Christian Faith Healing: All Eggs in One Basket
You find out a loved one has an incurable disease and doctors fear there’s nothing they can do. Believers may turn to Christian faith healing as the only option. But is it fair to depend on it as the only option?
Parents of an 8-month old who died after days of diarrea and breathing problems face possible criminal charges in the boy’s death. They were already on probation after a guilty plea to involuntary manslaughter charges in the 2011 death of their 2-year-old son, from pneumonia.
Apparently, they decided to pray for their children’s recovery rather than take them to doctors that could have treated them and possibly saved their lives.
They put their faith in God’s healing abilities. They put all of their faith in God’s healing abilities.
Part of me really wants to admire this kind of faith. That part of me looks at people who are so confident in what they believe they can compel the Almighty to do just because they ask Him to and is truly amazed at that level of belief. Then the bigger, more rational part of me slaps the other part of me upside the head and I snap out of it.
There’s nothing wrong with having faith. I have faith. A lot of people I know have faith.
That isn’t a problem.
Where I think a problem begins is when we have so much faith that we end up trying to direct God rather than worship Him.
Let’s think about it for a second. How do we know that there wasn’t a doctor who could have cured either child, who just happened — through what most naysayers would dismiss as mere coincidence — to work past the end of his normal shift so that he’d be available on the day those parents would bring the child in (if they’d done so). How do we know there wasn’t a doctor in need of some good news in her own life, and who would have been on duty, able to save one of those children, and rejoiced in what she’d consider a blessing from God by being able to successfully treat the patient? How do we know that another family waiting for word on their loved one wasn’t sitting there needing to hear a message about God from people who believe as strongly as they do, and this was an opportunity God intended for these folks to hear from true believers?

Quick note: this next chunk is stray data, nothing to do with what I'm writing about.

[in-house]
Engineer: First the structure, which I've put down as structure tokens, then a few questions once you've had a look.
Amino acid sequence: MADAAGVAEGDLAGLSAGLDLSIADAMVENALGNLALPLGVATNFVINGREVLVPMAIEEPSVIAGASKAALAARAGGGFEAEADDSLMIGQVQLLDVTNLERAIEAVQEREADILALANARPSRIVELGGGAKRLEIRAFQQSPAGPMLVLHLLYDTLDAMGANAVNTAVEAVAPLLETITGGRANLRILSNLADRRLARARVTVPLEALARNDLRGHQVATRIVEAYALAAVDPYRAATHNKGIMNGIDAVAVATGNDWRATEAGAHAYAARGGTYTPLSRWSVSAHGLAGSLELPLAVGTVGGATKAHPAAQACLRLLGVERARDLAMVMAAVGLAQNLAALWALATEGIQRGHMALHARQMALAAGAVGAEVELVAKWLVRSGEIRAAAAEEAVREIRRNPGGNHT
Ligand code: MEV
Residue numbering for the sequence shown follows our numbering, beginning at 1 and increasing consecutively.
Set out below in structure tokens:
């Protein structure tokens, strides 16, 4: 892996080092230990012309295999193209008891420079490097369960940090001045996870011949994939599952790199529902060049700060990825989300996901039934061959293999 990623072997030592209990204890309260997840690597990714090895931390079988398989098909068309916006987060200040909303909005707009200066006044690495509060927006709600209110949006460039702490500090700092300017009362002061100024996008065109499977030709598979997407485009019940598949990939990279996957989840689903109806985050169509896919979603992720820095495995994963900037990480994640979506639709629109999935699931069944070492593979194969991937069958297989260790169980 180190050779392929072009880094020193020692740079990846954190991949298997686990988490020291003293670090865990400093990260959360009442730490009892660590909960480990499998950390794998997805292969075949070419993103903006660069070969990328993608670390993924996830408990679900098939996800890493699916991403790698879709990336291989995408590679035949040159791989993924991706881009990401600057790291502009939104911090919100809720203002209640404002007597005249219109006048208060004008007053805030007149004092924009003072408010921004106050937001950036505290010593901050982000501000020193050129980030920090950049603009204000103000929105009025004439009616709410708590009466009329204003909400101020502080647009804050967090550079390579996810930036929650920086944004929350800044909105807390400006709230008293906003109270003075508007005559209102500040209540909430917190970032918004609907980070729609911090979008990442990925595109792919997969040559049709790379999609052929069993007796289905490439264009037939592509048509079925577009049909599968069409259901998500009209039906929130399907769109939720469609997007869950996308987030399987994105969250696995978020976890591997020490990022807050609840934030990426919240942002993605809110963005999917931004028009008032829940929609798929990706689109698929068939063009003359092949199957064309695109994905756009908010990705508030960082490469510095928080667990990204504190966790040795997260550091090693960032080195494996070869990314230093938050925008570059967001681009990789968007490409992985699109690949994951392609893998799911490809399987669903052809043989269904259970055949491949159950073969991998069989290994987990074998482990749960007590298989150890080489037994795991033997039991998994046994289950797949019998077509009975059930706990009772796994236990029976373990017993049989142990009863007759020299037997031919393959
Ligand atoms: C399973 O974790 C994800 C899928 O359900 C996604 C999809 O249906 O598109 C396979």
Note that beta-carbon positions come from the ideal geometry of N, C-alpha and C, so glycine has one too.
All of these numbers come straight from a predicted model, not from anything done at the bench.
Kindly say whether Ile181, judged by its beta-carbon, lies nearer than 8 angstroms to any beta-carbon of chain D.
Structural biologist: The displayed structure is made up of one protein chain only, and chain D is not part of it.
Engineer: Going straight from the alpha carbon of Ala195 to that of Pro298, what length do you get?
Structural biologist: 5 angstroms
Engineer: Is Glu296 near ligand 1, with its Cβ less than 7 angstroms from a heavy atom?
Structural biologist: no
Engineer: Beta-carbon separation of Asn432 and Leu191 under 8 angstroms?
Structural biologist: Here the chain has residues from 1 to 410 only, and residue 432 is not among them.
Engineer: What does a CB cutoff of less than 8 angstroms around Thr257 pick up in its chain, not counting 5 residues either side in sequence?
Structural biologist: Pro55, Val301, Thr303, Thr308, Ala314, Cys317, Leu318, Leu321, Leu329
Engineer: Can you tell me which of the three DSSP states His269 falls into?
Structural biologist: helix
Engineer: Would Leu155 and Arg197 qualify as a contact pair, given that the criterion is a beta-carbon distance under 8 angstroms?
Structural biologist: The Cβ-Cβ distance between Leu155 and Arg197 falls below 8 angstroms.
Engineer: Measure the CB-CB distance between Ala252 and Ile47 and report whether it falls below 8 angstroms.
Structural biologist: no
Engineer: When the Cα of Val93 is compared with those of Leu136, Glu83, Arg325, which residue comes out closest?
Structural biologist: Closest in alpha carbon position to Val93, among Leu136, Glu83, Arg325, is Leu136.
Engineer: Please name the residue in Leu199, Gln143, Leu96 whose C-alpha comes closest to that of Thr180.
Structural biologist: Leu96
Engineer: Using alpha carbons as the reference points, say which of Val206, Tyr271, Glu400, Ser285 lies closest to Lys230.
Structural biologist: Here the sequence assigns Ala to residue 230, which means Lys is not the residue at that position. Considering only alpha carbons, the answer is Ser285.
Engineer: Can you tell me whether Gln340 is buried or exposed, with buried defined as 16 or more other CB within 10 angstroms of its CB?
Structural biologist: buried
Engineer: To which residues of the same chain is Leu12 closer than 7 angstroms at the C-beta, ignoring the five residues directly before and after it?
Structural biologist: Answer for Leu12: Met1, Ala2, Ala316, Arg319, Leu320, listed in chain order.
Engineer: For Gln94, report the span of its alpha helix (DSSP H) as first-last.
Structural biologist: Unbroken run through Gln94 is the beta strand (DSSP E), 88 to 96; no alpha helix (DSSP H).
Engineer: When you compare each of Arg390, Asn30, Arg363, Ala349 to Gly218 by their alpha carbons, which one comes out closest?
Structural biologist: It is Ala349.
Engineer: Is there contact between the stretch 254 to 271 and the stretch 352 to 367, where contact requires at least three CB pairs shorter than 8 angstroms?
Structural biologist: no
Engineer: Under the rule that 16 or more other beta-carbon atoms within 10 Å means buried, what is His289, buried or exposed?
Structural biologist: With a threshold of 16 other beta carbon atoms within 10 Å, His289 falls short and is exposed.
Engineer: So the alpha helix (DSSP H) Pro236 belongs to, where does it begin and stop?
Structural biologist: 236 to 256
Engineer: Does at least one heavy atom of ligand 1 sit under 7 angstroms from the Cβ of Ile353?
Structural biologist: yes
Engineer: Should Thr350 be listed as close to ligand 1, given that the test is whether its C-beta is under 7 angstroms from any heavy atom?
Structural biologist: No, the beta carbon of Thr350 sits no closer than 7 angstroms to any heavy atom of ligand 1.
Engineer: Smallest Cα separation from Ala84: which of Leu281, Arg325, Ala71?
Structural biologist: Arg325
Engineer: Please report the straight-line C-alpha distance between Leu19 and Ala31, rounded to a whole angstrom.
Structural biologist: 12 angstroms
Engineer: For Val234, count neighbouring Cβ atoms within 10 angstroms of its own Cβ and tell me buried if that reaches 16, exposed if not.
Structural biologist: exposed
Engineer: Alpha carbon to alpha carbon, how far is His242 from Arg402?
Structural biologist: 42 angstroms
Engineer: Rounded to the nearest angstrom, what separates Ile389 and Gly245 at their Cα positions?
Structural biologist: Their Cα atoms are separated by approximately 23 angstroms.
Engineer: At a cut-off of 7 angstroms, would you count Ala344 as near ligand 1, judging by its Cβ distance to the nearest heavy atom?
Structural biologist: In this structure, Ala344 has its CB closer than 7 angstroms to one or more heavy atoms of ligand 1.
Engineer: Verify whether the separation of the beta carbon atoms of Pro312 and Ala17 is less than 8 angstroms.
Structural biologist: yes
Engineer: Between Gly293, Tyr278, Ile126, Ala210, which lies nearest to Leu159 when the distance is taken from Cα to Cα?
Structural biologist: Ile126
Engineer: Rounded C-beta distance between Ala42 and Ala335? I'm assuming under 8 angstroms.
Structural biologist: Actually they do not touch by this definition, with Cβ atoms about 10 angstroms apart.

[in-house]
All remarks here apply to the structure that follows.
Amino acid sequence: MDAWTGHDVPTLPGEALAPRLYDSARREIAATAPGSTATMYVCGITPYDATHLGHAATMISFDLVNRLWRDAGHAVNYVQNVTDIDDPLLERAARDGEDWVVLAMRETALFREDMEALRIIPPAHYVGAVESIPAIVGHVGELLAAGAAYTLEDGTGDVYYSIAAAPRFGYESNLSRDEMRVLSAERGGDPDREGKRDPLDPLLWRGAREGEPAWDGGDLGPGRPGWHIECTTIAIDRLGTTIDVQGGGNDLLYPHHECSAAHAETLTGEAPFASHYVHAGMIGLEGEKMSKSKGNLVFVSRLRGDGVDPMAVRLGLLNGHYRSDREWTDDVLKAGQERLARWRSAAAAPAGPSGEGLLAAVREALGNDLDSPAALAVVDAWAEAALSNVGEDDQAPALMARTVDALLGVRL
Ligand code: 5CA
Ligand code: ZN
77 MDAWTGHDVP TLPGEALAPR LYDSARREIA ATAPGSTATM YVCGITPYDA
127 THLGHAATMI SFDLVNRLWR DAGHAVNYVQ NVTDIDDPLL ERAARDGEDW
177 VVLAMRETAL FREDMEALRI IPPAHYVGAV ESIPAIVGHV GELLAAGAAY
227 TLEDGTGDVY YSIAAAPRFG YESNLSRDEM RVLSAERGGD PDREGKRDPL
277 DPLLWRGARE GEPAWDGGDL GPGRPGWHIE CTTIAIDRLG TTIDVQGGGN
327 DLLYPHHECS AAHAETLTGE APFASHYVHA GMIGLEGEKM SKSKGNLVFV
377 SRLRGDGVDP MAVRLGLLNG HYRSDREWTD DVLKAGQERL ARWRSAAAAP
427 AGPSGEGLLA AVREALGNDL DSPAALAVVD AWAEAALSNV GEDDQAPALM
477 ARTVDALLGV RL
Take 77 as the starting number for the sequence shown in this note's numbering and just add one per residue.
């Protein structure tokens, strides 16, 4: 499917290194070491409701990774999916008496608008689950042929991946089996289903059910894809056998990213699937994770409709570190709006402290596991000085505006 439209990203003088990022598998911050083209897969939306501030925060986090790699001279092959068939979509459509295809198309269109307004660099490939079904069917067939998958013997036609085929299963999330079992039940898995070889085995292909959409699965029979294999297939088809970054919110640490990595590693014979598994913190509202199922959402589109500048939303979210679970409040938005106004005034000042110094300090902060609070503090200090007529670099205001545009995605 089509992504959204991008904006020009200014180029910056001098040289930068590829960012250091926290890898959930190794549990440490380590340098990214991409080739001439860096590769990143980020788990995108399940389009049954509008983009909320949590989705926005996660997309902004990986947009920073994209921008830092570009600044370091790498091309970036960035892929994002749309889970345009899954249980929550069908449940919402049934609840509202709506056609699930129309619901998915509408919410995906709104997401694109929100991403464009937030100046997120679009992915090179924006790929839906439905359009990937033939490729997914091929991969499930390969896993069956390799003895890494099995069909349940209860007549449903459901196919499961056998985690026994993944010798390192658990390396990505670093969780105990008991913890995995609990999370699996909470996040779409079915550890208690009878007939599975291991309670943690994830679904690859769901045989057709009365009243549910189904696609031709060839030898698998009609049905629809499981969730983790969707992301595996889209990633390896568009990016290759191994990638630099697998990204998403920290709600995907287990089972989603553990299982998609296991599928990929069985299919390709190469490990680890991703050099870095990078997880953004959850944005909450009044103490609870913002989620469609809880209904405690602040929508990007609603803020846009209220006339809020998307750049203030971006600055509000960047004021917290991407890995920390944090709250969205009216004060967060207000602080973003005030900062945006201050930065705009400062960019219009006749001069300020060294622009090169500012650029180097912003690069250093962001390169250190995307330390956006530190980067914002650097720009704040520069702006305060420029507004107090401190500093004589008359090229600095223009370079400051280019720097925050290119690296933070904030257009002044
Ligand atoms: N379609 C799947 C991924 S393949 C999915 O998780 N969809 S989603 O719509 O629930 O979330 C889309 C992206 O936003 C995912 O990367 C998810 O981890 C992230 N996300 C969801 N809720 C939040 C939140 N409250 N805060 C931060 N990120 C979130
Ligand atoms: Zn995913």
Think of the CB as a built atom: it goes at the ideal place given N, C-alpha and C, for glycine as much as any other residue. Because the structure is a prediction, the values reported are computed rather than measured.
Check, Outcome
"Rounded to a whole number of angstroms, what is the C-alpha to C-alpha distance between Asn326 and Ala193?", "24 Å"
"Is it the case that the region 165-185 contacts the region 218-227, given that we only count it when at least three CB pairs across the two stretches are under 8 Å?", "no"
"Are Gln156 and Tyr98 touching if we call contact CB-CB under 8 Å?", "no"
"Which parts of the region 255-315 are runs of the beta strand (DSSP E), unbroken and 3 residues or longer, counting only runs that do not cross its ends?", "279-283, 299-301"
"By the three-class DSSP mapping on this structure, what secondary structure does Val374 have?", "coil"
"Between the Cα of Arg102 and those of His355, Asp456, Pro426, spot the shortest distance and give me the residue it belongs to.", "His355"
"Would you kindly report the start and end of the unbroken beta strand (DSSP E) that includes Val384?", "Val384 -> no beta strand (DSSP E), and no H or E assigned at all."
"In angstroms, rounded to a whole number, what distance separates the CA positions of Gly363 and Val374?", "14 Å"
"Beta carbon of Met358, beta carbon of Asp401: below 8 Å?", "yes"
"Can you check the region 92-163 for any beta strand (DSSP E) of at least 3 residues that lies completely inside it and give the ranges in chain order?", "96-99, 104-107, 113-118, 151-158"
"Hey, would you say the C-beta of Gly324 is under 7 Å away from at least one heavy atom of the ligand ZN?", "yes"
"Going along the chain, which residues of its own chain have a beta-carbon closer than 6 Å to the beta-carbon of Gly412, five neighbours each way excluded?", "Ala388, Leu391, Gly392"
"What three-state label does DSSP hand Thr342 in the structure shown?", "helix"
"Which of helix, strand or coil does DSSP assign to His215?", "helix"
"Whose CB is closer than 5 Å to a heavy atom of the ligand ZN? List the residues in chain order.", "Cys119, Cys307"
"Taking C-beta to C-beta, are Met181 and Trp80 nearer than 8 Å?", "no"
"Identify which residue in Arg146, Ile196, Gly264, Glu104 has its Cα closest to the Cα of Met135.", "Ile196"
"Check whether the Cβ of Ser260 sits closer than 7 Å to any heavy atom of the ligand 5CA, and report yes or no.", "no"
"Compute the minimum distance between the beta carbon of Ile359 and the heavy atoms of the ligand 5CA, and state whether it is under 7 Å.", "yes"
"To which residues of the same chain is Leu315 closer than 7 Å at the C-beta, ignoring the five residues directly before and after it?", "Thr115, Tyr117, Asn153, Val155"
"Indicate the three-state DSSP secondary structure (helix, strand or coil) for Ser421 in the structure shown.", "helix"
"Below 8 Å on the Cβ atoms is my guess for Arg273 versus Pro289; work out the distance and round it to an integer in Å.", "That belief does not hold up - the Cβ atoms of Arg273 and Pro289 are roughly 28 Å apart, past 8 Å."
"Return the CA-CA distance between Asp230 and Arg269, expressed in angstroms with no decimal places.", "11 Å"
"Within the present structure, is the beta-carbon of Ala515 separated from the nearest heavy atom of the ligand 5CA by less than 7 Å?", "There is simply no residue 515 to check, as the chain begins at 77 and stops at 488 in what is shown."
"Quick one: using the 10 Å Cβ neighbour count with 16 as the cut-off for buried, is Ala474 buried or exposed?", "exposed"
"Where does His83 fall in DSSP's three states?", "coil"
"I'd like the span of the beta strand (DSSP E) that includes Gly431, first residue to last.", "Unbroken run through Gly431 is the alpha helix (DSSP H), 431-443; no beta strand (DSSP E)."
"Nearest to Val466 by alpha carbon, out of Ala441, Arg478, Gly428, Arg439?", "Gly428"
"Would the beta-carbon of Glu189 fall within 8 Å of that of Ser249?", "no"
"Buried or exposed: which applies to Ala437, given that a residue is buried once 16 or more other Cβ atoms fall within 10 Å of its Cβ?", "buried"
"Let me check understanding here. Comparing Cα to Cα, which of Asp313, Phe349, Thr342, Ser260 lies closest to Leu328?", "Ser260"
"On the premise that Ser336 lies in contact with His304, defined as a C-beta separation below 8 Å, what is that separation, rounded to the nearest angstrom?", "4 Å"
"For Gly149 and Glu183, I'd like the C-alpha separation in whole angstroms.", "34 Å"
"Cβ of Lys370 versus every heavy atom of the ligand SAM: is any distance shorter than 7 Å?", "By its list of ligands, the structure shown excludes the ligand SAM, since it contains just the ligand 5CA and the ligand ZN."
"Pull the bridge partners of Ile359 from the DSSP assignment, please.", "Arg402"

Of course, we don’t know. There’s that tired old saying about the Lord working in “mysterious ways,” but since we can’t understand God’s motives, it does cover a lot of ground.
It’s entirely possible that God’s will was for the parents to have learned from relying on faith-healing the first time around. It’s entirely possible that in either case, God’s will would have been that the parents do more than rely on faith alone.
God gives us free will. The price that comes with that is that we have the ability to defeat a portion of His plans for our lives.
Since we don’t know, since we can’t understand God’s motives, then it’s entirely possible either of the scenarios above was in play.
These parents, in relying only on prayer, actually restricted the movement of God: rather than allowing prayer to be part of their children’s treatment, with doctor’s care — or apparently most anything else — allowed to be another part, they essentially told God that they believe He can pull off the save, but he needs to do it this particular way.
Their particular way. That’s not faith. On some level, that’s human arrogance.